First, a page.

China's Economy Could Implode — Here's How to Fix It


China's economy is slowing down. From April to June 2013, the country's GDP grew by 7.5%. That's 2% less than this year's first quarter and 2% less than the quarter before that. It might not seem like much, but in its most recent report on the Chinese economy, the International Monetary Fund emphasized the need for more sustainable growth.

"Since the global crisis, a mix of investment, credit, and fiscal stimulus has underpinned activity," the report states. "This pattern of growth is not sustainable and is raising vulnerabilities."

But how large is this vulnerability that we should be worried? What does a slowing Chinese economy mean? To answer that question, it's important to understand the factors that have led to China's success over the past few decades.

China's economy has been mostly export-led. Its focus on external demand has stifled domestic consumption and has ramped up investment in a way that wouldn't be possible if the country relied solely on domestic demand. But it's not working anymore.

When the financial crisis of 2008 hit, China's trading partners like the United States and the neighboring Asian countries stopped demanding Chinese goods for fear of more debt. So the country focused even more on investing in sectors like real estate and infrastructure while keeping their currency weak so that their GDP would keep growing.   But Chinese consumption hasn't really moved and lending standards have become lax.

"The credit-driven growth model is clearly falling apart," Fitch Ratings senior director in Beijing Charlene Chi said to The Daily Telegraph. "There is no transparency in the shadow banking system, and systemic risk is rising. We have no idea who the borrowers are, who the lenders are, and what the quality of assets is, and this undermines signaling."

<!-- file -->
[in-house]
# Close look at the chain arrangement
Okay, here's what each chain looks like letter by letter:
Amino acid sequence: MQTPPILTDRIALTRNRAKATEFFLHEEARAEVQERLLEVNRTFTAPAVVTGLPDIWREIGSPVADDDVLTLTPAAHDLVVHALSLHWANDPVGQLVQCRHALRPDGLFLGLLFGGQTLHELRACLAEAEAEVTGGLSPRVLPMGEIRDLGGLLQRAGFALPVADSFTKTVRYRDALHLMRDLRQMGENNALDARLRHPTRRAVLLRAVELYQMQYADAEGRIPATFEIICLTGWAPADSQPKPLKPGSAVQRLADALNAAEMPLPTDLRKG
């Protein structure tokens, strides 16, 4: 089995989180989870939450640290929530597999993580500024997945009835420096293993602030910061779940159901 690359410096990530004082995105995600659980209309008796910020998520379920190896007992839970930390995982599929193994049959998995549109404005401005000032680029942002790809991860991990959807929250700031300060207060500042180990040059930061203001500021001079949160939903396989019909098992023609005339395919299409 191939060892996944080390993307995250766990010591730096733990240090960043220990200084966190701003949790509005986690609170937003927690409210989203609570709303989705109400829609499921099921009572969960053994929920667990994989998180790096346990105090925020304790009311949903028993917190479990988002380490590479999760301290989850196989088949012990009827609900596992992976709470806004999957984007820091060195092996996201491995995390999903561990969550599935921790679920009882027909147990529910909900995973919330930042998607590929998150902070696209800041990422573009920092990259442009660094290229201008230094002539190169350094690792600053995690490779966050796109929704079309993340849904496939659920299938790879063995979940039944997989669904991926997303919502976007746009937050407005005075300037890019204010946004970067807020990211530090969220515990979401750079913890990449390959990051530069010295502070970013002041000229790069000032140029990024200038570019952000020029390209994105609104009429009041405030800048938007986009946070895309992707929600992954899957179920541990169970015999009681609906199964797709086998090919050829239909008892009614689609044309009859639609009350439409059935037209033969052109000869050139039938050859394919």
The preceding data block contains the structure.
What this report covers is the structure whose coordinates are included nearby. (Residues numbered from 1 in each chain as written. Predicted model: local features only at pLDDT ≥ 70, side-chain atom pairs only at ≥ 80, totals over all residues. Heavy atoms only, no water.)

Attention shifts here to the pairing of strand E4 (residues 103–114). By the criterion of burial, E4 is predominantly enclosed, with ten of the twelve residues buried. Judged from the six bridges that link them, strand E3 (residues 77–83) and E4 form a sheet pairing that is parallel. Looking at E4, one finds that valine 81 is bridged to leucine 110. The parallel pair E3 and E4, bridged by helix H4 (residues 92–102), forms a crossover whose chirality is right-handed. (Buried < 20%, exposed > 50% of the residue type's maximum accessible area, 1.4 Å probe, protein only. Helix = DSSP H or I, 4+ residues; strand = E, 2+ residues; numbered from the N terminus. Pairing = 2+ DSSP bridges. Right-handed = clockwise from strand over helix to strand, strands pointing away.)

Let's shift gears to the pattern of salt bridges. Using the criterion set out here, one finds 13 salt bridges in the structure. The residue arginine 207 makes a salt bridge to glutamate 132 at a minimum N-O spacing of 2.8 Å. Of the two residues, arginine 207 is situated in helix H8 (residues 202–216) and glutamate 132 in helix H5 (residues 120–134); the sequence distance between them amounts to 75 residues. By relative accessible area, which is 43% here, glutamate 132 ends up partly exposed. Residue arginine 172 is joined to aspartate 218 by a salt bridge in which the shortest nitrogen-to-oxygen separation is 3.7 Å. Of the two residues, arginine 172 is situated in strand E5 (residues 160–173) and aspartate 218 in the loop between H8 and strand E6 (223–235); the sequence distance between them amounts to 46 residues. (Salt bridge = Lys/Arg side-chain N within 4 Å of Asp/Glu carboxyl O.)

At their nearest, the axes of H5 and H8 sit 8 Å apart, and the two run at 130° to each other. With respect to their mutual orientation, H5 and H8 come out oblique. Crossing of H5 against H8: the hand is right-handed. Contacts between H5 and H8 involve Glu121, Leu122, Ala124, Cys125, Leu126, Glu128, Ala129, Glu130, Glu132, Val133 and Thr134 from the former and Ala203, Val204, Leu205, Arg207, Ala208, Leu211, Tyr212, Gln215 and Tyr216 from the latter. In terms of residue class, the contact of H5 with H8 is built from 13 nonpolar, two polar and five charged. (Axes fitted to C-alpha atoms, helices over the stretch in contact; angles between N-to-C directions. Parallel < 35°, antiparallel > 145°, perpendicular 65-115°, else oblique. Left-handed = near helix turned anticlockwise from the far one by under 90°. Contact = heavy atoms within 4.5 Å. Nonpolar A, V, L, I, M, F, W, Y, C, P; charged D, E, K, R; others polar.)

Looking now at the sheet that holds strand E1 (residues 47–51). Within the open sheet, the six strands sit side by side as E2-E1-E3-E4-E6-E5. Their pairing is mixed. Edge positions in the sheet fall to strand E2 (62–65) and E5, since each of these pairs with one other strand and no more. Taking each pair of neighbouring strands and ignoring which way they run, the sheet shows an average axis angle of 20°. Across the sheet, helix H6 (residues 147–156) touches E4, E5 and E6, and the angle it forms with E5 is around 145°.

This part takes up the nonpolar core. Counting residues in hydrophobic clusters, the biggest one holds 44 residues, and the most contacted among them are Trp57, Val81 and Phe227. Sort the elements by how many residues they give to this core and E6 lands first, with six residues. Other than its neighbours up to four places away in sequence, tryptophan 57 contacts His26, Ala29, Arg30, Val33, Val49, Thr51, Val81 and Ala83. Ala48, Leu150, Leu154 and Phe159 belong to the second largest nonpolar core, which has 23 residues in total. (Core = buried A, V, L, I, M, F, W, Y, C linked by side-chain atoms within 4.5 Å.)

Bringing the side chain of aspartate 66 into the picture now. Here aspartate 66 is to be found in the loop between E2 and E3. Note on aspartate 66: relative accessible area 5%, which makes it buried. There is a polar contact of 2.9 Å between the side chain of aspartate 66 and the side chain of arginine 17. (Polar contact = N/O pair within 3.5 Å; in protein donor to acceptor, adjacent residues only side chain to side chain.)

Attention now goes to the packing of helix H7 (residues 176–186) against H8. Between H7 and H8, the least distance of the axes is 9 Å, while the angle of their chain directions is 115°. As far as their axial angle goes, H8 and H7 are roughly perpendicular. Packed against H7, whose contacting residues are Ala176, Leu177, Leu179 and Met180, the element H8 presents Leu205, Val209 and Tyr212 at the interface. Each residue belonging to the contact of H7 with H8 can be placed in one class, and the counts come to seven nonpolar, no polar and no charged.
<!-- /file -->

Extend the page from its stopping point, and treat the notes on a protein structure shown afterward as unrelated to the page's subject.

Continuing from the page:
With the Eurozone still digging its way out of recession and the U.S slowly recovering, China's weakening economy is not the greatest news.

According to the economist John Maynard Keynes in his book The General Theory of Employment, Interest and Money, more investment is good, especially during times of recession, to keep people employed.

That's exactly what China has been doing. The past three decades have been filled with massive infrastructure projects and creating hundreds of factories. But the consumer economy and healthcare, among other sectors, have been neglected. Banks have become used to large credit expansions and lending out to investment projects that may not pay back.

Somehow, it all has to be reined in. Countries like Australia, South Africa, and Brazil depend heavily on exporting to China and would be hit hard if Chinese investment suddenly buckled. U.S. companies like Yum! Brands, Inc. (which owns Taco Bell, KFC, and Pizza Hut) and Intel have already started seeing slower growth in China.

Fortunately, China has a lot of foreign currency reserves which could serve as a cushion for the government while they try to transition the economy from external to domestic consumption. But in doing so, China would have to step away from the export-led growth model that has proved so successful in past years and focus their attention on getting the Chinese to buy their own goods.

On Friday, the People's Bank of China announced that it would lift restrictions on bank lending rates by no longer setting a minimum rate for corporate loans.

"It's a big symbolic move," Wang Tao, a Hong Kong-based economist at UBS, said to the New York Times. "It means banks could charge rates freely according to their own risks assessments." Deposit loan rates would stay the same although economists see that as a crucial next step to reward households.

It's a sign that China is working to rebalance the economy, shifting towards market-led growth. But this is only the beginning. It all depends on China's willingness to suffer short-term loss for long-term growth or risk dragging the rest of the world down with them.